How to store datetime in UTC timezone

Asked by Mikhail Olkhovskiy on 2013-09-17

I am trying to replace MySQL Connector/J on MariaDB client library in our project.
We are using serverTimezone option to specify server timezone. We store datetime values in UTC and Connector/J converts all datetimes from UTC and to UTC.
MariaDB client library doesn't have this option.
How can I specify timezone for MariaDB client library?
Now it use current jvm timezone.

Question information

Language:
English Edit question
Status:
Answered
For:
MariaDB Edit question
Assignee:
No assignee Edit question
Last query:
2013-09-17
Last reply:
2013-10-03
Alexander Barkov (abarkov) said : #1

Which data types do you use to store datetime values in the database?

TIMESTAMP or DATETIME, or something else?

Thank you for response.
We use DATETIME.

Alexander Barkov (abarkov) said : #3

There is no a function in MySQL/MariaDB client library to convert time zones.

The easiest way is to alter you tables to use TIMESTAMP data type instead.
It supports time zones and respects the @@TIME_ZONE session variable.

Your client program can send a query "SET @@TIME_ZONE='+04:00'"
if the client is in 4 hours east from UTC.

or use "SET @@TIME_ZONE='+00:00', if you need to access to the timestamps in UTC format.

See the documentation on the TIMESTAMP data type and @@TIME_ZONE system variable for further details.

Yes TIMESTAMP may be useful, thank you.
But, maybe it would be better to implement serverTimezone option into MariaDB client library?

Alexander Barkov (abarkov) said : #5

I'm not sure I understand the idea.

Suppose you send a query through the client library:

INSERT INTO t1 (datetime_column) VALUES ('2001-01-01');

in which moment of time would this serverTimezone option act,
and what exactly would it do?

Alexander Barkov (abarkov) said : #6

Also, can you please clarify what are you exactly moving to?

> I am trying to replace MySQL Connector/J on MariaDB client library in our project.

- to "MariaDB client library" (which is libmysqlclient - C API)
- or, to Maria Connector/J (JDBC driver)

I suggest to add JDBC connection string parameter "serverTimezone" (http://dev.mysql.com/doc/refman/5.0/es/connector-j-reference-configuration-properties.html)
And use it in MySQLPreparedStatement class to specify timezone

    public void setDate(int parameterIndex, java.util.Date date) throws SQLException{
        if(date == null) {
            setNull(parameterIndex, Types.DATE);
            return;
        }

        Timezone timezone = <get from connection string parameter>

        if (timezone != null) {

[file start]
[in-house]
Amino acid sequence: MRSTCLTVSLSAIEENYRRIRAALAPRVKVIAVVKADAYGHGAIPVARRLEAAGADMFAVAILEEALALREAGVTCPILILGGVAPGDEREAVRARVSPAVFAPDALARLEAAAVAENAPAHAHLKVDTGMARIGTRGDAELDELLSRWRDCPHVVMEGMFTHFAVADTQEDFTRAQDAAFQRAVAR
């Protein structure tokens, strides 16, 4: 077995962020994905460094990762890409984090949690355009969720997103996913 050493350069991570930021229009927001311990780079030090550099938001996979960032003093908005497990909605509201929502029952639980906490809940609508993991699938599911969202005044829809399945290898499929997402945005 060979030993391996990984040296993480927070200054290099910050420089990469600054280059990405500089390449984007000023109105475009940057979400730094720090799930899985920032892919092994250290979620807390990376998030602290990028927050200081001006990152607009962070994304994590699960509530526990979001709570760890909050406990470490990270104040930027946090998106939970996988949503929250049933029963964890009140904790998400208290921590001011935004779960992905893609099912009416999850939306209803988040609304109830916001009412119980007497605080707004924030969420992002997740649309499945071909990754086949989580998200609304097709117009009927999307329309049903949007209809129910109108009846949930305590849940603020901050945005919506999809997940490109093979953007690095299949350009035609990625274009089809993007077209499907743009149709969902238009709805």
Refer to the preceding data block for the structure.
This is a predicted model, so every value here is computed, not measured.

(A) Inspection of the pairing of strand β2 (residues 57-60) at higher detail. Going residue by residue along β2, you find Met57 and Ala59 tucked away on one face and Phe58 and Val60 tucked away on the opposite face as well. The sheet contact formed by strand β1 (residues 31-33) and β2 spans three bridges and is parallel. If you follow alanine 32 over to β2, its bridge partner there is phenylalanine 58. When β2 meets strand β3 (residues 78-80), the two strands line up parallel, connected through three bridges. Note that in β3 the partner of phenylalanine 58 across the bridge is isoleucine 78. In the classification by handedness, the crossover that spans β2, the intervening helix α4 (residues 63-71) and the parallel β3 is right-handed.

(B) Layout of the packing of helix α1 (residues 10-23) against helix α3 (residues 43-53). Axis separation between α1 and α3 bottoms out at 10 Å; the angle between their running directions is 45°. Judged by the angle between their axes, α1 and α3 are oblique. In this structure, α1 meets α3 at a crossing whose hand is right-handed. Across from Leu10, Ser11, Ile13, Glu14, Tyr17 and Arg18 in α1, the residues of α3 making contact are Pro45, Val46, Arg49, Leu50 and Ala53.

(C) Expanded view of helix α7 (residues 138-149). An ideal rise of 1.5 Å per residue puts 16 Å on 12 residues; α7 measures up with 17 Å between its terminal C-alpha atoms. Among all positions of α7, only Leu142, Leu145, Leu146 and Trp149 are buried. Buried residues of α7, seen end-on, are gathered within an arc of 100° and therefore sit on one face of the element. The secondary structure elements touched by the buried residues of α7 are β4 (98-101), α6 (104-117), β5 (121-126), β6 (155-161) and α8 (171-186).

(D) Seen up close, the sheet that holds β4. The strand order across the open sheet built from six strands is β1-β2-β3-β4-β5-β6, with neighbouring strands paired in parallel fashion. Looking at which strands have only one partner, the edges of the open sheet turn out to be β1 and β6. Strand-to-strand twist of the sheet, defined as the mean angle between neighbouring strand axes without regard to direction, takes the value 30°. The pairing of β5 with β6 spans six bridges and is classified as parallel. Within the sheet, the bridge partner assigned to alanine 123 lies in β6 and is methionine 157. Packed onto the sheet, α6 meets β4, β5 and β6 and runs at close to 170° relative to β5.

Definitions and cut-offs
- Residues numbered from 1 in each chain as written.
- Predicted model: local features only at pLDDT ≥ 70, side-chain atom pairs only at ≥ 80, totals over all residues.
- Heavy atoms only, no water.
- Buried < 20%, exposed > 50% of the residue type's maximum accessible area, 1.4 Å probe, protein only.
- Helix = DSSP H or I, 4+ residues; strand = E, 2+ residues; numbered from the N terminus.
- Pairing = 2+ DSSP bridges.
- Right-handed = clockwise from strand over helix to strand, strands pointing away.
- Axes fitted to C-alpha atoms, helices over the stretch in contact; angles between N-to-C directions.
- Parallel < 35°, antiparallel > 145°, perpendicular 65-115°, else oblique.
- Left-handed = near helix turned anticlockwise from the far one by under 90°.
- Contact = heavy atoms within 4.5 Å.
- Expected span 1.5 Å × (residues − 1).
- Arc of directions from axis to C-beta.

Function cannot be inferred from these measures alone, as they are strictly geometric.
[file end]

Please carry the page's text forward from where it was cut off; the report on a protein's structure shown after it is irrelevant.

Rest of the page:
setParameter(parameterIndex, new DateParameter(date, Calendar.getInstance(getProtocol().getServerTimezone())));
        } else {
                setParameter(parameterIndex, new DateParameter(date));
        }
    }

calendar used in

    public static void writeDate(OutputStream out, java.util.Date date, Calendar calendar) throws IOException {
        out.write(QUOTE);
        String dateString;
        if (calendar != null) {
            SimpleDateFormat sdf = new SimpleDateFormat("yyyy-MM-dd");
            sdf.setCalendar(calendar);
            dateString = sdf.format(date);
        } else {
            dateString = date.toString();
        }
        out.write(dateString.getBytes());
        out.write(QUOTE);
    }

> Also, can you please clarify what are you exactly moving to?
replace MySQL Connector/J on MariaDB JDBC driver

There is a documented sessionVariables parameter, that you can use to set the "time_zone" variable, via connection URL. Is this not enough for your purposes? If not (and using Calendar in PreparedStatement setDate does not cut it), please clarify and create a task in JIRA (CONJ). Thanks

Vladislav,
We use DATETIME to store dates, so "time_zone" can't help. Thanks for suggestion.
I have created task CONJ-65.

Launchpad Janitor (janitor) said : #11

This question was expired because it remained in the 'Open' state without activity for the last 15 days.

Arjen Lentz (arjen-lentz) said : #12

As a general recommendation, my company tends to advise people to run all database and web servers in UTC. This way you'll always have log files in a sane time regardless of their datacenter, and data cannot be mangled with double timezone conversions and the like.
Timezone conversions are something that need to happen very close to the user interface, because it's user specific.
Your clients may exist in a couple of different timezones, so this way you provide the best user experience.

Arjen Lentz (arjen-lentz) said : #13

set status to answered, as there has been ample discussion and elaboration.

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